Lori:
Exactly. It's almost as if you're not busy, well why not? Why aren't you producing something, why aren't you doing? Of course the other side of that is if you're not doing you're just being and if you're being you have to confront yourself. And let's face it, most of us don't want to confront ourselves. It's much easier to be doing than being.

Alice:
Yeah, we're singing a song in choir for Christmas called "Be Still and Know that I am God." And I have spent a lot of time throughout the rehearsal, just with tears running down my cheeks during the rehearsal, because I know that for me being still and knowing that God is present, just being still I think is like heroin withdrawal for me. I mean when I try to just sit and be still and let my mind be empty and open to what God is saying I get the shakes, I mean, I'm a wreck. It's just sad that I can do it for maybe 30 seconds or 60 seconds and then I'm a mess. But, you know, you ask me to do some volunteer task at work or at church, that involves me being active and doing something, I can do that for endless hours. So when I think about what God is really asking or requiring of me I think its both ends, but I think God would probably enjoy a little more quiet still time with me and vice versa.

Lori:
Yeah, of course there is one sure way to be both idle and at ease. It's called sleeping. That's why I love to sleep so much. When I was a kid my mom would say "what is your favorite time of day?" and I said "night time because you can sleep then." That's the one time of the day that you are absolutely idle and absolutely at ease.

Alice:
Yeah, I hadn't thought about that.

Lori:
Not that bad.

Alice:
I would imagine that the Russians were very happy to have that time of sleep, given the life they were leading especially during the time of war. What wretched conditions they lived in. Well I did have one, I think we have a little time left, and I did have one other brief quote that I just wanted to share from War and Peace and maybe we can talk a little bit about it. And that is "You can love a person dear to you with human love but an enemy can only be loved with divine love." Any thoughts on that one?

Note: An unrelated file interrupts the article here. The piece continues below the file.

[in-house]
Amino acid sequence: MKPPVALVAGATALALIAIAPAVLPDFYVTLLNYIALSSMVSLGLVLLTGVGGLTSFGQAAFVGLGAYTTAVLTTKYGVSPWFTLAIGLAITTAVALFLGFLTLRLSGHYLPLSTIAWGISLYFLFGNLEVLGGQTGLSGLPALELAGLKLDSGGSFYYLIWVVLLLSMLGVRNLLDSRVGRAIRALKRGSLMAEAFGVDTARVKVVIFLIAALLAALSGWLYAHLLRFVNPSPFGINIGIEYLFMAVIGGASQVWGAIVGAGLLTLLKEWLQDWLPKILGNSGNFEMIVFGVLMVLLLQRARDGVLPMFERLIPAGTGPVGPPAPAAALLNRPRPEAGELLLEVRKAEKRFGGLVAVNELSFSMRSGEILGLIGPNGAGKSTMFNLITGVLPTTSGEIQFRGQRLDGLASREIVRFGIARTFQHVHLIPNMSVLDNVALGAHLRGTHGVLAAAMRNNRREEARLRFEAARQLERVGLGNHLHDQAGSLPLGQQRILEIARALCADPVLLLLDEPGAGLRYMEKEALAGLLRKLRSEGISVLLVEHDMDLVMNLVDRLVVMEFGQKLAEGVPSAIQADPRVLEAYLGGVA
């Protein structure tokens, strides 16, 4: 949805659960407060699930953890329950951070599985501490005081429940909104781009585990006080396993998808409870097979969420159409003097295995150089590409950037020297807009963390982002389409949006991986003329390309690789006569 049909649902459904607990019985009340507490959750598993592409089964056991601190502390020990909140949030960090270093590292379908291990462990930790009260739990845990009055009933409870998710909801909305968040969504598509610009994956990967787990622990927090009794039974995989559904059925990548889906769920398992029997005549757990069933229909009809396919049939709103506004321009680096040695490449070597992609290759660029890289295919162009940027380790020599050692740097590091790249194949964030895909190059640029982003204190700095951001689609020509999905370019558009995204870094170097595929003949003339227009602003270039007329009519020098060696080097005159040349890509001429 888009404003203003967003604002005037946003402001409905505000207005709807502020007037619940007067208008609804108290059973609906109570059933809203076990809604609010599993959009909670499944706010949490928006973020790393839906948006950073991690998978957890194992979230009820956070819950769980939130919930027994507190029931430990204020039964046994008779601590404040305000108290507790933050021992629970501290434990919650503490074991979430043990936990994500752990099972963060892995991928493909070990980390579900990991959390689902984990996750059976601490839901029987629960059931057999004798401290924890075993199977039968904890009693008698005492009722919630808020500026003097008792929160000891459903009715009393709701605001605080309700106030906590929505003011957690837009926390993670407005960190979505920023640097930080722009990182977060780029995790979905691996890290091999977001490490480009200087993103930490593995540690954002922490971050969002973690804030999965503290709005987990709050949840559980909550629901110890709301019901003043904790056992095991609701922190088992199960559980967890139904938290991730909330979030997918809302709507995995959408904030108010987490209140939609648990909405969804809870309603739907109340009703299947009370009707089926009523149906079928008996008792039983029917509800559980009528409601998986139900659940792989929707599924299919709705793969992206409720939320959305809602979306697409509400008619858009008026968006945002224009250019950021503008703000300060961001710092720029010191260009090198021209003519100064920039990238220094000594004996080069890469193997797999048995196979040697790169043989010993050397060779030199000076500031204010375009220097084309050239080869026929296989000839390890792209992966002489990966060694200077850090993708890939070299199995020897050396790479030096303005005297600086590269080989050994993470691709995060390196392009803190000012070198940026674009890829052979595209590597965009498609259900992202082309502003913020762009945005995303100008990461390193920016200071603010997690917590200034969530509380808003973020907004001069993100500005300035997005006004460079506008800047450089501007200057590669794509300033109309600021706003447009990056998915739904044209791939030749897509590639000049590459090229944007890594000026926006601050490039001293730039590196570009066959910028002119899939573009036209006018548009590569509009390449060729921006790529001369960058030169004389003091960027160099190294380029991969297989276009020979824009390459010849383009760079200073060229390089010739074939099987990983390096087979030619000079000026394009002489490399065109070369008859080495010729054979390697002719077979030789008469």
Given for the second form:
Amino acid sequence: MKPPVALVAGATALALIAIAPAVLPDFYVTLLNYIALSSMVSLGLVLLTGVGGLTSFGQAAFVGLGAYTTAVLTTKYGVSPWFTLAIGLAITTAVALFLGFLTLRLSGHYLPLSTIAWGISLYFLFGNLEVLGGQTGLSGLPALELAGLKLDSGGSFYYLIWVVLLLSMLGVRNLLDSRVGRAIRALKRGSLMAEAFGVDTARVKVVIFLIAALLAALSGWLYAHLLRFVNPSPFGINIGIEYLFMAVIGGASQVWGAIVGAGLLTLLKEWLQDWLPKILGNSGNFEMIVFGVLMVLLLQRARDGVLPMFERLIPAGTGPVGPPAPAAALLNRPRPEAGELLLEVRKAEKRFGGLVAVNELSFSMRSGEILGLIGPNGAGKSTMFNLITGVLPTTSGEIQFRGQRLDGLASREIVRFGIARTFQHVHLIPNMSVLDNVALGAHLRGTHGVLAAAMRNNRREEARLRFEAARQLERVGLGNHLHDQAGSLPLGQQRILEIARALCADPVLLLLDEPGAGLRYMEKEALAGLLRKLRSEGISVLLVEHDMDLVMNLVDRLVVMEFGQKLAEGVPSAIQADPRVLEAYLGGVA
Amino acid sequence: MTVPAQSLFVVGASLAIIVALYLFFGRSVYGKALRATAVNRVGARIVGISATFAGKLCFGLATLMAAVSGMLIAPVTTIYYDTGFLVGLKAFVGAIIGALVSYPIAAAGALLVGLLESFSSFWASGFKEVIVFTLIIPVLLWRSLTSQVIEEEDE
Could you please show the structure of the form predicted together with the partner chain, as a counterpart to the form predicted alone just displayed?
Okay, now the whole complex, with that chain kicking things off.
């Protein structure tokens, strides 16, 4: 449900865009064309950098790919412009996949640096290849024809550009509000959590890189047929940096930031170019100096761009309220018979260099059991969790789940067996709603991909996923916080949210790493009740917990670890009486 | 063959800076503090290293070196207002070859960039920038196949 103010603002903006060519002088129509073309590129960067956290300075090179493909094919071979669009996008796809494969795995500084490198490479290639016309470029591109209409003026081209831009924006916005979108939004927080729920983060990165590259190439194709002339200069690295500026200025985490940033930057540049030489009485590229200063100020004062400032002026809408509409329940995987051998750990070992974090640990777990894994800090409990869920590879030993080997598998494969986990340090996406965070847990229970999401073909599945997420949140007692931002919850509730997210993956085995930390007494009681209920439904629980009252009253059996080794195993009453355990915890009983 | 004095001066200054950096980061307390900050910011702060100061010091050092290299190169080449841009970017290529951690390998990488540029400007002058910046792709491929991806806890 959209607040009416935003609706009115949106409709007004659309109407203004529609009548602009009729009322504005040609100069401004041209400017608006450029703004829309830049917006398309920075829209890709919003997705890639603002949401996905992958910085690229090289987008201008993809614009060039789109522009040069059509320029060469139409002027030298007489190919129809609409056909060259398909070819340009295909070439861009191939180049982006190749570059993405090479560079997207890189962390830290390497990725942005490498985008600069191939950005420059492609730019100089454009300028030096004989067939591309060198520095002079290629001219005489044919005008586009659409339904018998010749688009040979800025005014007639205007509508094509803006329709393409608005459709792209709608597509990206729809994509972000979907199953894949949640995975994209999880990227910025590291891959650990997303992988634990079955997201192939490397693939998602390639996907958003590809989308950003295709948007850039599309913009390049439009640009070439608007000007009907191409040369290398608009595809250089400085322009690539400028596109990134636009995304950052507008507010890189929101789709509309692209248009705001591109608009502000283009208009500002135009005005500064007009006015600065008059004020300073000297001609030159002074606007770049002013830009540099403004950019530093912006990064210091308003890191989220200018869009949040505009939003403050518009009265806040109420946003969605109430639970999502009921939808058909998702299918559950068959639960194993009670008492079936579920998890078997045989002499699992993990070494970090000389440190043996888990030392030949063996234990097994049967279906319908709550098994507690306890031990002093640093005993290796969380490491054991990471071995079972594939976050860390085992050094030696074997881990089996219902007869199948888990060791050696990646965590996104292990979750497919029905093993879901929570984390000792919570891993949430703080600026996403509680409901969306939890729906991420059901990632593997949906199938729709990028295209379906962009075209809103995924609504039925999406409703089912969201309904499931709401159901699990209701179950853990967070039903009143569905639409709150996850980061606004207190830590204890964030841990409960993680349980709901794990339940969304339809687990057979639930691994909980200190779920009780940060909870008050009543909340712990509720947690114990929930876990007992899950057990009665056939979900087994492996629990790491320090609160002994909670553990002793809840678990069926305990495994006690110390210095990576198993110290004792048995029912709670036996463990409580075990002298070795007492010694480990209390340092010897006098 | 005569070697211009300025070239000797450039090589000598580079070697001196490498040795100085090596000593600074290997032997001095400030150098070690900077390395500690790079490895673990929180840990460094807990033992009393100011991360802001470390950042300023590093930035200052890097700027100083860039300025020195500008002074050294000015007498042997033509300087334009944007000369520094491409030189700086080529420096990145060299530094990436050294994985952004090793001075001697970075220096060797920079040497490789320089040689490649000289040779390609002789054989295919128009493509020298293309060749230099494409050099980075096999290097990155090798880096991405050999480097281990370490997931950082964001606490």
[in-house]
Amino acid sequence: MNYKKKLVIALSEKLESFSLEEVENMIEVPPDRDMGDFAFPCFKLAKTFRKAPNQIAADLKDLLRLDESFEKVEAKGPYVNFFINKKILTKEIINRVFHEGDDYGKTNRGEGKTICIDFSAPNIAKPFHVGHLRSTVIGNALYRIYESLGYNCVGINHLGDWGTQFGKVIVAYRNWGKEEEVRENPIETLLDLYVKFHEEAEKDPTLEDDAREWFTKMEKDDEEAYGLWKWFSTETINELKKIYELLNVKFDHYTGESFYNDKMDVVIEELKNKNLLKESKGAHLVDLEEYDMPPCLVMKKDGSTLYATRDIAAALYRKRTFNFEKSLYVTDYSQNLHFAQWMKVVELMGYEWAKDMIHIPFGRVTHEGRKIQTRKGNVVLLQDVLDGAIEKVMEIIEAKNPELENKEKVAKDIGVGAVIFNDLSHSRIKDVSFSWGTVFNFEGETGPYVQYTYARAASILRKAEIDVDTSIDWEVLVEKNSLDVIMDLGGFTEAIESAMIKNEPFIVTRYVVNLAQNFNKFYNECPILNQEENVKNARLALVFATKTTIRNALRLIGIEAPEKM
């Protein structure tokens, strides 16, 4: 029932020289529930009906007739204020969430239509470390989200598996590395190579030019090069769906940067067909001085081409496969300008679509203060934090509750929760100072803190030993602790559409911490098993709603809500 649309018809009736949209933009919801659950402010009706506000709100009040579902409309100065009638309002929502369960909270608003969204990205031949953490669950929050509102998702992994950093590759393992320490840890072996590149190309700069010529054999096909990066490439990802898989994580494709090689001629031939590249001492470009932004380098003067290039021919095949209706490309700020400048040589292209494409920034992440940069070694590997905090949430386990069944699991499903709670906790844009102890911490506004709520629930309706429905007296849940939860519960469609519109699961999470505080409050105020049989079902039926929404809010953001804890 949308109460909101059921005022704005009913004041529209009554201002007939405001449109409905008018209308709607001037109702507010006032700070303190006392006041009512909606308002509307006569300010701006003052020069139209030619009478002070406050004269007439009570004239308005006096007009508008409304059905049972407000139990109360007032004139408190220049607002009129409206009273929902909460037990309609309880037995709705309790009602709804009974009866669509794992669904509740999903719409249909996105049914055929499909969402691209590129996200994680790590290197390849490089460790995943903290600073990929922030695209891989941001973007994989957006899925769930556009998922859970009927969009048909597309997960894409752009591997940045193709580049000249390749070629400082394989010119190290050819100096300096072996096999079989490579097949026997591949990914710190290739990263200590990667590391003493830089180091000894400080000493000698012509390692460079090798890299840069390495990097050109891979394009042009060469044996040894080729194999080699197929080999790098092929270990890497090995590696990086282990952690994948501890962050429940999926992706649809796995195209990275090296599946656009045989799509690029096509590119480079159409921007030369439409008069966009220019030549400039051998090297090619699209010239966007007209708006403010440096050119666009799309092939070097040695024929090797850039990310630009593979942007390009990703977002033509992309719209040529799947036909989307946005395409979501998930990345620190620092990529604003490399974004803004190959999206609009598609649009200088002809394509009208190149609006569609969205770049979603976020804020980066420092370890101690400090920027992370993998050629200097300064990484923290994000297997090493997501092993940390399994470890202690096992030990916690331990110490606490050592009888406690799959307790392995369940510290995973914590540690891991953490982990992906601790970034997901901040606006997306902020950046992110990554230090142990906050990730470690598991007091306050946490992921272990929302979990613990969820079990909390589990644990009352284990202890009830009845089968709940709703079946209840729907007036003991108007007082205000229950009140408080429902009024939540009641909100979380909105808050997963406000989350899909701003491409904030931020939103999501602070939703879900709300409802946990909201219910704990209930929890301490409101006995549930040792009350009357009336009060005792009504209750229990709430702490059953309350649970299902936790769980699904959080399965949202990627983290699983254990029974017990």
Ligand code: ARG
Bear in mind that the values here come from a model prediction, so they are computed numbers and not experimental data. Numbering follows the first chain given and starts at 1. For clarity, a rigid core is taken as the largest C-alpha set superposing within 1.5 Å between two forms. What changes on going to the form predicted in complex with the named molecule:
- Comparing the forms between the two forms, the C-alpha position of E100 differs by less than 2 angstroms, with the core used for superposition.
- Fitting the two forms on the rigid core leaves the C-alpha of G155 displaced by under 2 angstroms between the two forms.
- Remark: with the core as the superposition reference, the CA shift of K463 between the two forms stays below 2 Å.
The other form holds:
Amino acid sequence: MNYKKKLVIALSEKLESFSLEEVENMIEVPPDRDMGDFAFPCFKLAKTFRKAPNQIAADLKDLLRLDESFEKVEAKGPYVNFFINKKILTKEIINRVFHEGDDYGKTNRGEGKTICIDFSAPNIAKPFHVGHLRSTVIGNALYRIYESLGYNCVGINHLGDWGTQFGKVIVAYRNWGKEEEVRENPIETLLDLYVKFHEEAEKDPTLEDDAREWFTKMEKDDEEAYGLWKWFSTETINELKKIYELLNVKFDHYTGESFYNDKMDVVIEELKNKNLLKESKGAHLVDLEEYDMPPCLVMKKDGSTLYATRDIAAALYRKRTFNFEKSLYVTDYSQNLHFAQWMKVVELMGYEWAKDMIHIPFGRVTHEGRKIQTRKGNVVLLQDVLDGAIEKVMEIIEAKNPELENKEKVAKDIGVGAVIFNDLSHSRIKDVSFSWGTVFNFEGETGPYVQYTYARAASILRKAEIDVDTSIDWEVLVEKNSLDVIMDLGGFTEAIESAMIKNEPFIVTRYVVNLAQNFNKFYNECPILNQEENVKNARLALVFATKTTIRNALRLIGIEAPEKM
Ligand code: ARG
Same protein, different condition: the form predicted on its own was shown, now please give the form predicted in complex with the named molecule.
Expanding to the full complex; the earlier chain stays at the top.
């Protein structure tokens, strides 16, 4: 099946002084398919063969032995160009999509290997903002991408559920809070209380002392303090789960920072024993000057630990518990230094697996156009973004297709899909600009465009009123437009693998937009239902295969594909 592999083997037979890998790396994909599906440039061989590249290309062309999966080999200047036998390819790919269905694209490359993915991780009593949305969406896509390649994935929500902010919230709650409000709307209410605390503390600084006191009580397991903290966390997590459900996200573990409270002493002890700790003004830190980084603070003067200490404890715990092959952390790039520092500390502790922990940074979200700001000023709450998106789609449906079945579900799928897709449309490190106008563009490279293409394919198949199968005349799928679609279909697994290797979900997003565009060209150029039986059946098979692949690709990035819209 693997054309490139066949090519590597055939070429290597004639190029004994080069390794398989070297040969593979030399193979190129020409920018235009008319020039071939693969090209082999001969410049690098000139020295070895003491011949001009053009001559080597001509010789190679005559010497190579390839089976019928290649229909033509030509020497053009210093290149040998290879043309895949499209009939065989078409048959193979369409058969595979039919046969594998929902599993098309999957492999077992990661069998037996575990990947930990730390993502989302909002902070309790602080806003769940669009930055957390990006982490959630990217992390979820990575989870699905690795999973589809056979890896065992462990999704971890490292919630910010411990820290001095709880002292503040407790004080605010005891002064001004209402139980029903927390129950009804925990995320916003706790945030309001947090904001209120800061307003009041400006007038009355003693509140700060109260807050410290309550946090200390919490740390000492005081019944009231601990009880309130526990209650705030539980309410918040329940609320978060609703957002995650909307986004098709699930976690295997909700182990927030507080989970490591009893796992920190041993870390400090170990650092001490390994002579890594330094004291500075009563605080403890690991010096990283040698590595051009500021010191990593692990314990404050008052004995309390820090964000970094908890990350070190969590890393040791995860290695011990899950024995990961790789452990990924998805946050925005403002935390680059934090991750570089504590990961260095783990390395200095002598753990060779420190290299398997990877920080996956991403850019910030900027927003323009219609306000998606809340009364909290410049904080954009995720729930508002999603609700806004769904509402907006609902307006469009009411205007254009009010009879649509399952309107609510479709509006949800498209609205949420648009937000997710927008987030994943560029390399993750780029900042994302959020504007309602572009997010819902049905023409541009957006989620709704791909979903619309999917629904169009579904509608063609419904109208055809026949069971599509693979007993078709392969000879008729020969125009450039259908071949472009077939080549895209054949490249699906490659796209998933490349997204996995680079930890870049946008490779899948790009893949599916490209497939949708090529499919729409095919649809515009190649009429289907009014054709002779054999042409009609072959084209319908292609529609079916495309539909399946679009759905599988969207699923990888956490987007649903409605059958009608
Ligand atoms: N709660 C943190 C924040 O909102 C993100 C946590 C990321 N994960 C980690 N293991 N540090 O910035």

Lori:
Wow. That's so true. People who love you, it's easy to love, you know? It's almost instinct to love those who love you. But someone who doesn't love you, who actively hates you, now that takes prayer, that takes courage, that takes a strong moral fiber in many ways.

Alice:
Absolutely. I don't remember what section of the book that was in, it wasn't near the one about idleness and work, but I thought it was interesting. Tolstoy was a complex author and there are lots and lots of quotes about God and divinity and eternity and heaven and hell in the book. It's just an interesting, interesting look through it. Well thanks for sharing on that.

Lori:
Well I hate to end the discussion, but it's time for our prayer reading from the prayer collection at www.prayables.com. This prayer is called "The Last Pitty Party" and it's by my friend Sue Bradford Edwards.



Alice:
Amen

Lori:
Well coming up next week we're going to have our Christmas extravaganza. We're going to have all our favorite quotes from Christmas literature, Christmas poetry, maybe even some songs. We're talking Dickens, we're talking Alvin, lots lots more. I'm very excited.

Alice:
Dr. Seuss!

Lori:
Yes, Dr. Seuss. We have to have Dr. Seus. So I hope everyone will be there, please listen and in the mean time, if you're looking for God, just open a book.

Alice:
Have a good week.